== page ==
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What happened to the 42V auto?

A few years ago, there was lots of serious talk of cars transitioning to 42V supplies, either in addition to, or to replace, the venerable 12V system they have used for decades. The reasons for going to a supply potential that was three times the present supply rail were clear: the increased power requirements of today's cars could not be met efficiently by a lower-voltage system; the wire diameters needed to keep IR losses down were too big, and thus costly while consuming precious space; connectors were having problems handling the current; and the entire alternator charging/battery storage subsystem was, so to speak, running out of gas.

Although some car vendors did install dual-supply dc systems in a few models, and key component vendors produced relays and other parts for 42V, the reality is that no one is talking about 42V systems breaking out any time soon—and many industry experts now say “it isn’t going to happen.”

So, how did conventional wisdom go wrong? After all, many of the predictions came not from the usual crew of quick-with-the-quote analysts, but from insiders who were very knowledgeable about the technology and markets.

As is often the case in these situations, there is no single reason for the 42V systems not taking off as anticipated. Among the aspects cited are technical, business, and aftermarket issues, including:

  • The immense and well-tuned 12V infrastructure
  • The familiarity, with 12V systems, of the service industry that keeps cars going
  • The industry's decision to instead invest in developing components for hybrid and alternative vehicles squeezed out investment in 42V R&D; plus the desire to not make too many major automotive changes in the same time window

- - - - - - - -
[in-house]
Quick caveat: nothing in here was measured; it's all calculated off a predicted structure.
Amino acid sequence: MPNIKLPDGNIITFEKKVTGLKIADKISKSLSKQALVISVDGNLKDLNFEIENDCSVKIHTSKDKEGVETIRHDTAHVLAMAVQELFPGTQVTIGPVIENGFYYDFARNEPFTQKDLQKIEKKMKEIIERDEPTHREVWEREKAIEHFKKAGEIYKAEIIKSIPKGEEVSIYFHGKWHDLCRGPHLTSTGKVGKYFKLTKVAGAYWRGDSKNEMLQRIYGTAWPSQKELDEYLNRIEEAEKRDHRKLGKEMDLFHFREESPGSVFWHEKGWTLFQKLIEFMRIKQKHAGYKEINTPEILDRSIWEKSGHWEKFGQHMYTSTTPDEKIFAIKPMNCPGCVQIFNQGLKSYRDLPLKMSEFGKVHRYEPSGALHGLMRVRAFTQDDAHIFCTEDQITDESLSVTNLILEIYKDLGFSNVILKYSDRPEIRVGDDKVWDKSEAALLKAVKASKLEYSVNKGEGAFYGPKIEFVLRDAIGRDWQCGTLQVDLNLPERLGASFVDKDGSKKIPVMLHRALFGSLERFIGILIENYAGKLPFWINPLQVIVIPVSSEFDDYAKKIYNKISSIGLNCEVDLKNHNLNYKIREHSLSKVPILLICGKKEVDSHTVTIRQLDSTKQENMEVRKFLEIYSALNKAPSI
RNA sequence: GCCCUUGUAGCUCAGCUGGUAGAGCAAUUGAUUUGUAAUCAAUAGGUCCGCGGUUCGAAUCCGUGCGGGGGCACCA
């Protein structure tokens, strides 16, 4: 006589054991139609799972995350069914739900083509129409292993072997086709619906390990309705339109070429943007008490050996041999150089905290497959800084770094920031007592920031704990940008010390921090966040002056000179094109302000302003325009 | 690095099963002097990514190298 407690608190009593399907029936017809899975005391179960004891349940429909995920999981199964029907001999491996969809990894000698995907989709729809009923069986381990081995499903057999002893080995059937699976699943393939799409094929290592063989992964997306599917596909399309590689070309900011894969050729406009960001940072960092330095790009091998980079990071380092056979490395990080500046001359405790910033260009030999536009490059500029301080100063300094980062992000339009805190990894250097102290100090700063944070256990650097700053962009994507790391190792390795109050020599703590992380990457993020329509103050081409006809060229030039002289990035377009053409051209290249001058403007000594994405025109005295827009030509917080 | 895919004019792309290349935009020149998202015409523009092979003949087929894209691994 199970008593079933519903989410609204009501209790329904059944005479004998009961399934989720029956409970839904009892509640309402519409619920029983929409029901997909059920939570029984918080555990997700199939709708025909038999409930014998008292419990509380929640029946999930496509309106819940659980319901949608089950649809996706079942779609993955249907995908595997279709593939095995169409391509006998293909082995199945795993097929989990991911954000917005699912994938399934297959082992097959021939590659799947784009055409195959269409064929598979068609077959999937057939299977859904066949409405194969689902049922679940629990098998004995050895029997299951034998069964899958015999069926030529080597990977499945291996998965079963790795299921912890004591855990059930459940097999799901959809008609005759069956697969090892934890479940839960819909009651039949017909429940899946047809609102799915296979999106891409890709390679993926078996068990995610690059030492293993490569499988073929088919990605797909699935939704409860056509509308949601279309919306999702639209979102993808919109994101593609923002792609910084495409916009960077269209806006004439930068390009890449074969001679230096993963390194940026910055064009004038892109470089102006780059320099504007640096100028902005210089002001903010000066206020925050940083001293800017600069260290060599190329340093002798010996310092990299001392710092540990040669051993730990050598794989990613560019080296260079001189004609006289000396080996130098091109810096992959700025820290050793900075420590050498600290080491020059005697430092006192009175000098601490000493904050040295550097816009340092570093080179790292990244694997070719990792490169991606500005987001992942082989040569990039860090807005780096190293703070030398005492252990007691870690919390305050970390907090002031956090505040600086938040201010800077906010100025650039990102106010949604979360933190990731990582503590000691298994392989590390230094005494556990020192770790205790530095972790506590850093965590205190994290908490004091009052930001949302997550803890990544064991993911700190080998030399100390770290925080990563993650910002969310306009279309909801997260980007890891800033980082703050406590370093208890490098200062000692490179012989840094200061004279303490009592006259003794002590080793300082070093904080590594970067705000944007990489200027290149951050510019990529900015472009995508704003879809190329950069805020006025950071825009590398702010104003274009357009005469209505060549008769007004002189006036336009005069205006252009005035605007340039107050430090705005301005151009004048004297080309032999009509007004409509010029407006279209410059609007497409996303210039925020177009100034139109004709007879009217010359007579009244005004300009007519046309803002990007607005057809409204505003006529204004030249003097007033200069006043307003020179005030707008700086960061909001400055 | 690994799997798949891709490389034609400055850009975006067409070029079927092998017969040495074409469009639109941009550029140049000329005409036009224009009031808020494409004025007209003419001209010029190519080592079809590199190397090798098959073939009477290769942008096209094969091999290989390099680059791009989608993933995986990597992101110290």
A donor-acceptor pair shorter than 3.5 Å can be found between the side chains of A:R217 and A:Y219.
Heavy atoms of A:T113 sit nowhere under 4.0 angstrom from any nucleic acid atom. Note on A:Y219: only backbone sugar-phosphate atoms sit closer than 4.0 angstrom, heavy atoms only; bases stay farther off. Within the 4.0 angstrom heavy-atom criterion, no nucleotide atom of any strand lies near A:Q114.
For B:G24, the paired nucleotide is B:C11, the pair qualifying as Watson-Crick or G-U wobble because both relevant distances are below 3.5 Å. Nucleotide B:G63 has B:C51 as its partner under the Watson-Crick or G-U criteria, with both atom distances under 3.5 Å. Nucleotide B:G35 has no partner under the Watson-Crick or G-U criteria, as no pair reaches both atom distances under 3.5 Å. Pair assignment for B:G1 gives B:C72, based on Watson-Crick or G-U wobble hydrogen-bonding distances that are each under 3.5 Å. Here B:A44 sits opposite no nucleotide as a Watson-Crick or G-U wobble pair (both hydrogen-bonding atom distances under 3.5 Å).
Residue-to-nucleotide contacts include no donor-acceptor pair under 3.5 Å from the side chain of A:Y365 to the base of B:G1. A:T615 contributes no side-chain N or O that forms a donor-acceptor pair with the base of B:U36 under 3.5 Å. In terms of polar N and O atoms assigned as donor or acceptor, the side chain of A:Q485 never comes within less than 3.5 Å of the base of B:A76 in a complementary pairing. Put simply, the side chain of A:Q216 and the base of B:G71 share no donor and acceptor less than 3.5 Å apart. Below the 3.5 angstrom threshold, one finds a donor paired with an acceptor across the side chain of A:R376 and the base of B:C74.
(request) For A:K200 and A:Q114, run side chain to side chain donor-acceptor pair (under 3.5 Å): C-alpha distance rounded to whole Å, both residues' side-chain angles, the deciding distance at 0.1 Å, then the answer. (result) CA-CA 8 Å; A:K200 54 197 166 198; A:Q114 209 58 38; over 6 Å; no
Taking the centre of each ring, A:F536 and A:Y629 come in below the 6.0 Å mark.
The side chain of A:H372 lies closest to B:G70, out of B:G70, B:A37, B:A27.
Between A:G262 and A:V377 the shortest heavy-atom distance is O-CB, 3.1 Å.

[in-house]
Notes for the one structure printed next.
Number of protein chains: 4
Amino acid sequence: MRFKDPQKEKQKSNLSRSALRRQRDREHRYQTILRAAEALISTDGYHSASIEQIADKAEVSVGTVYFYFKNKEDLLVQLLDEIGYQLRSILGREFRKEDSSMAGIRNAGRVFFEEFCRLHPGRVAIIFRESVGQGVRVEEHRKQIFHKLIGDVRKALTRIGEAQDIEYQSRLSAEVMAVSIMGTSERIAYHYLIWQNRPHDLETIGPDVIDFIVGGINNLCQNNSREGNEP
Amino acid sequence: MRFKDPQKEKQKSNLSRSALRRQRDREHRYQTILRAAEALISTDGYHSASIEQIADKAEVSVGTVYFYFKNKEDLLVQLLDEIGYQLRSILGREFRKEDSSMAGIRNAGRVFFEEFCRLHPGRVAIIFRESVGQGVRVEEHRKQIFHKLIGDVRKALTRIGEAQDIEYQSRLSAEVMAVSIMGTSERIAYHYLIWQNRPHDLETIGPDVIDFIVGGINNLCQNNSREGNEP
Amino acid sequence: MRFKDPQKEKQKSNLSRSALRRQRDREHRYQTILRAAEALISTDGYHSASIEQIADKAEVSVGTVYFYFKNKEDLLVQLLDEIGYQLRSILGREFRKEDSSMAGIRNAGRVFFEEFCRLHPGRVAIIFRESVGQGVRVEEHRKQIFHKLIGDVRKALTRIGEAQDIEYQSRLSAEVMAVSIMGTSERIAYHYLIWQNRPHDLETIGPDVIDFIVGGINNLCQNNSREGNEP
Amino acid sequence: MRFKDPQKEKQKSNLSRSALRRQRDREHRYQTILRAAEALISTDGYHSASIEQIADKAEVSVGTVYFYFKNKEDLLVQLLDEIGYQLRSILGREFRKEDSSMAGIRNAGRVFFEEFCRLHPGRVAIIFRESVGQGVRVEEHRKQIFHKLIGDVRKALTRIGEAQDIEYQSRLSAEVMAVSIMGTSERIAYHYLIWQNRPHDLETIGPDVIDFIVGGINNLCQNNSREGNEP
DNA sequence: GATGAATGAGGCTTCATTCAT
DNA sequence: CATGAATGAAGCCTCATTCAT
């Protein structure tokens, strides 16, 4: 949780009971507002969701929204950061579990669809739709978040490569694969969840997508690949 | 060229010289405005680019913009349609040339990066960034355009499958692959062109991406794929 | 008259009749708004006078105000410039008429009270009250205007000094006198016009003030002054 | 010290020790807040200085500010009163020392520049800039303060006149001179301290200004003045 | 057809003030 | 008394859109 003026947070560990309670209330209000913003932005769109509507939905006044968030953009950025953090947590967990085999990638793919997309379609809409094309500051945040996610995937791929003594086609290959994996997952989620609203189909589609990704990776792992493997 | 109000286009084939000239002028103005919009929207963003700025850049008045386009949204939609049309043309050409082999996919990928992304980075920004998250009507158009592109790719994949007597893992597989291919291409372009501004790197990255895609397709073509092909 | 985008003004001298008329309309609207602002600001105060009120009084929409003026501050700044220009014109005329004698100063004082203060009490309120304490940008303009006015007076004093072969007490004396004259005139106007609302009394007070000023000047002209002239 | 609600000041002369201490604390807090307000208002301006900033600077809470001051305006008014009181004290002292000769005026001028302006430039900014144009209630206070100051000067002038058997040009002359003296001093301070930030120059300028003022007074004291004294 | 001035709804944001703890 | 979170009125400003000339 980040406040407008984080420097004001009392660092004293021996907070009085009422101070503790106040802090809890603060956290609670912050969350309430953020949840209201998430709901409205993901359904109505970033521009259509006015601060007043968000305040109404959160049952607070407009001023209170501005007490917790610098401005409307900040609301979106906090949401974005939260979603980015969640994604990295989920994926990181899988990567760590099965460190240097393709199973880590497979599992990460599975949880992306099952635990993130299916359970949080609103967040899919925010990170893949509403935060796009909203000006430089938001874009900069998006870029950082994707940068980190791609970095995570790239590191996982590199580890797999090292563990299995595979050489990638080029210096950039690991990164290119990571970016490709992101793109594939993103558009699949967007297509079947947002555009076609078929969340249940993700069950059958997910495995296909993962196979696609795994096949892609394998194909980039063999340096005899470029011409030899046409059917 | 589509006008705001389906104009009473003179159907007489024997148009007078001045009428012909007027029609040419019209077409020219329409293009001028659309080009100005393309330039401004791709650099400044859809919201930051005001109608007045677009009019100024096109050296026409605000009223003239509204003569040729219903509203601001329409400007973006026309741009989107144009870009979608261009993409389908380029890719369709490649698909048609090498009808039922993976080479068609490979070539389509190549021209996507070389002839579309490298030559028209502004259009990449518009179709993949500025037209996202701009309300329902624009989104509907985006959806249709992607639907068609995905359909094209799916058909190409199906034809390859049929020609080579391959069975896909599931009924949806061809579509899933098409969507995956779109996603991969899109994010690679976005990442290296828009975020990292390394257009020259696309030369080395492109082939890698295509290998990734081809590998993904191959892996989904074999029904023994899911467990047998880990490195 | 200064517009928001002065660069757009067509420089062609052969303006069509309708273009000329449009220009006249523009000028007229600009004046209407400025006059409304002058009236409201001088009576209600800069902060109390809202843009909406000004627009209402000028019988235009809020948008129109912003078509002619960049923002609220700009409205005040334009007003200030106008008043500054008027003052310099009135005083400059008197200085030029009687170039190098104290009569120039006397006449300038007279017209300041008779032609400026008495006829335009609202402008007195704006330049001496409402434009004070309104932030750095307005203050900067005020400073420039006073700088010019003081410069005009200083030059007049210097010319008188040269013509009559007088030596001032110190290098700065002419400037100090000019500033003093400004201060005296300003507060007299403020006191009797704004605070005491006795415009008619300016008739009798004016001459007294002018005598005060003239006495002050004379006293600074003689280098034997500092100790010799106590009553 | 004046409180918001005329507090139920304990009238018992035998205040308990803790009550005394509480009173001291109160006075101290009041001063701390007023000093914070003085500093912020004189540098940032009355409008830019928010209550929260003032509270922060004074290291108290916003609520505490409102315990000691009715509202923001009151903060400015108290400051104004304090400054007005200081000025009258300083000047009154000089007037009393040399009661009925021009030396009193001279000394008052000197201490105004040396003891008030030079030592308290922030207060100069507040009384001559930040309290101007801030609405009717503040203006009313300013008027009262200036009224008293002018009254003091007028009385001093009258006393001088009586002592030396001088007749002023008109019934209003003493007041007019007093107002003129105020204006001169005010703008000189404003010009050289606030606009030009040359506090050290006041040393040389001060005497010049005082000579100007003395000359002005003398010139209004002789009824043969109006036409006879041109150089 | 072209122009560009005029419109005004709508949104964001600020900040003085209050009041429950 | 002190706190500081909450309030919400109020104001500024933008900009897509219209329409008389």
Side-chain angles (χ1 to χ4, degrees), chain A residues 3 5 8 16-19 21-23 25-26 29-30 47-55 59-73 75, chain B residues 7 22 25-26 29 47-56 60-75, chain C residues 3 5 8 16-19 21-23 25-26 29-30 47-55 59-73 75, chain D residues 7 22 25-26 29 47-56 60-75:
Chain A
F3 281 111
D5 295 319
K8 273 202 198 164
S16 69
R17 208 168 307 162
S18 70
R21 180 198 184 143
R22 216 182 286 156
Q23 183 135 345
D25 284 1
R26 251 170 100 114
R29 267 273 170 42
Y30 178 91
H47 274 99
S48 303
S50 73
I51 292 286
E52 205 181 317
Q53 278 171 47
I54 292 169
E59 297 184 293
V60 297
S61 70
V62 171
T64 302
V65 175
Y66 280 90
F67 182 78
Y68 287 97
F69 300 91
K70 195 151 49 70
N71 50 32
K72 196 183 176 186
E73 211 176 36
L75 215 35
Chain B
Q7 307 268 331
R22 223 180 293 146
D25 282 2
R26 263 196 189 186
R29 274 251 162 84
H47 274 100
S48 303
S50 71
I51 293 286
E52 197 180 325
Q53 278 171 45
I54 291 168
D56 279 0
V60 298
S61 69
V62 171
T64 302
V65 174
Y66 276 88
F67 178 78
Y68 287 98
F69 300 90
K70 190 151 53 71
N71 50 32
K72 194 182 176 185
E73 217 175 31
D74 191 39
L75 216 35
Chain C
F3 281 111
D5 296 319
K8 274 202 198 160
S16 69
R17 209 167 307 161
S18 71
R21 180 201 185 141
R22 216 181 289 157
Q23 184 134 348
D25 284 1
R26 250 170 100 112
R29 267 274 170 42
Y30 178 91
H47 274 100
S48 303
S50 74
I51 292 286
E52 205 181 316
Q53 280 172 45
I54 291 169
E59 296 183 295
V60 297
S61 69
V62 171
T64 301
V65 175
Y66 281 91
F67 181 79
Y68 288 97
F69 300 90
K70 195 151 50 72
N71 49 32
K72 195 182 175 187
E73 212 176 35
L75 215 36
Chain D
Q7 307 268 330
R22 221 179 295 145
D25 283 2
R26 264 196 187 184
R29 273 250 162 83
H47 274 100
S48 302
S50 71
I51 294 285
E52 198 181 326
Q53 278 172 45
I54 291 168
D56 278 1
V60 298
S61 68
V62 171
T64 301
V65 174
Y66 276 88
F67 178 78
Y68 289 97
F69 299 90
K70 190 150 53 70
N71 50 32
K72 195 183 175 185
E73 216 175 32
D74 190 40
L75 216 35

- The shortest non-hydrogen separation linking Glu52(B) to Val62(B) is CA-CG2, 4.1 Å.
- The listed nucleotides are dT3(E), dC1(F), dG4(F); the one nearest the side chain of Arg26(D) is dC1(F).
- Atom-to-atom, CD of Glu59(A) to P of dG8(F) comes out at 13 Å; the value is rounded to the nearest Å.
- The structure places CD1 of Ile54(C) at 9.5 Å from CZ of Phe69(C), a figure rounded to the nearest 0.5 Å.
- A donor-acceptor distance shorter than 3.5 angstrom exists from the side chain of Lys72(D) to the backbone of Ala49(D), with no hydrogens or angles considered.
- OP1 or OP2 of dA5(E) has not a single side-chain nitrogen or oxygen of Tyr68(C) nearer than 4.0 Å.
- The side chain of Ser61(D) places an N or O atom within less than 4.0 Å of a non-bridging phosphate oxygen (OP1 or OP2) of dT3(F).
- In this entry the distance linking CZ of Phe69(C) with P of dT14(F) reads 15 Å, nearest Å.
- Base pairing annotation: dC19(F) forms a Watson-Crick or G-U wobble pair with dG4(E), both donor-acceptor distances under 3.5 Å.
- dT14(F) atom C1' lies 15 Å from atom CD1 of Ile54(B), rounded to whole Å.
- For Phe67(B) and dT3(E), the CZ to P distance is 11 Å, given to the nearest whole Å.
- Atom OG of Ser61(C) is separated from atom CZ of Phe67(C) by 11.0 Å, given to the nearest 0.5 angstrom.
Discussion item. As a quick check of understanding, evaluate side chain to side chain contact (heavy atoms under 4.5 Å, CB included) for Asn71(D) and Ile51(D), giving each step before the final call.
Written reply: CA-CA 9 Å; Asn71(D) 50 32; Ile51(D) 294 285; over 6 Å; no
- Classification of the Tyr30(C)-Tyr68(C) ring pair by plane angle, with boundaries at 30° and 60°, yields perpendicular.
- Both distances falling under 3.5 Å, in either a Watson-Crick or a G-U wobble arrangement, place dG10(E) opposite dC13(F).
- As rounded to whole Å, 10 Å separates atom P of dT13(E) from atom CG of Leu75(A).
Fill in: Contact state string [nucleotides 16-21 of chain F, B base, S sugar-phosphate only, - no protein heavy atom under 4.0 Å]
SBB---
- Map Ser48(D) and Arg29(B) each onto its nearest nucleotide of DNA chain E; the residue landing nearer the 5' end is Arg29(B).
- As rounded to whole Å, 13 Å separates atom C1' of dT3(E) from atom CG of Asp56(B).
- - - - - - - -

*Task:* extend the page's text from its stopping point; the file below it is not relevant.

• The technical dilemma of designing-in a single 42V bus system versus dual 12/42V bus system
  • Problems with long-reliability: at 12V DC loads, a relay's contacts don't arc or corrode; at 42V DC, the relay contacts can arc and pit as they open (unlike AC relays which self-extinguish when their contacts open)
  • Sizing, keying, and standards for 42V connectors—not elegant, but critical practical factors
  • Safety issues in the field, during test and repair, with 42V systems

There are lessons in the turnaround of the enthusiasm for 42V systems. A well-established infrastructure is hard to revise, there are only so many new initiatives component suppliers and OEMs can embrace at one time, and nasty technical and field issues can derail what, in theory, makes good sense.

In contrast, a product that is radically different and does not try to fit in with the existing framework, such as the iPod, can really take off and own a new market in just a few years, if the market, technical, and serendipity factors line up just right. In our industry, which has little time or enthusiasm for looking back in that rear-view mirror as we hurtle forward, it's sometimes interesting to do so and ask “what happened?”

But here's my main question: the 12V system was supposed to soon be inadequate due to the increasing electrical load of the car. So, how is that potential calamity being averted? Or is the 12V problem not as bad as it was made out to be?

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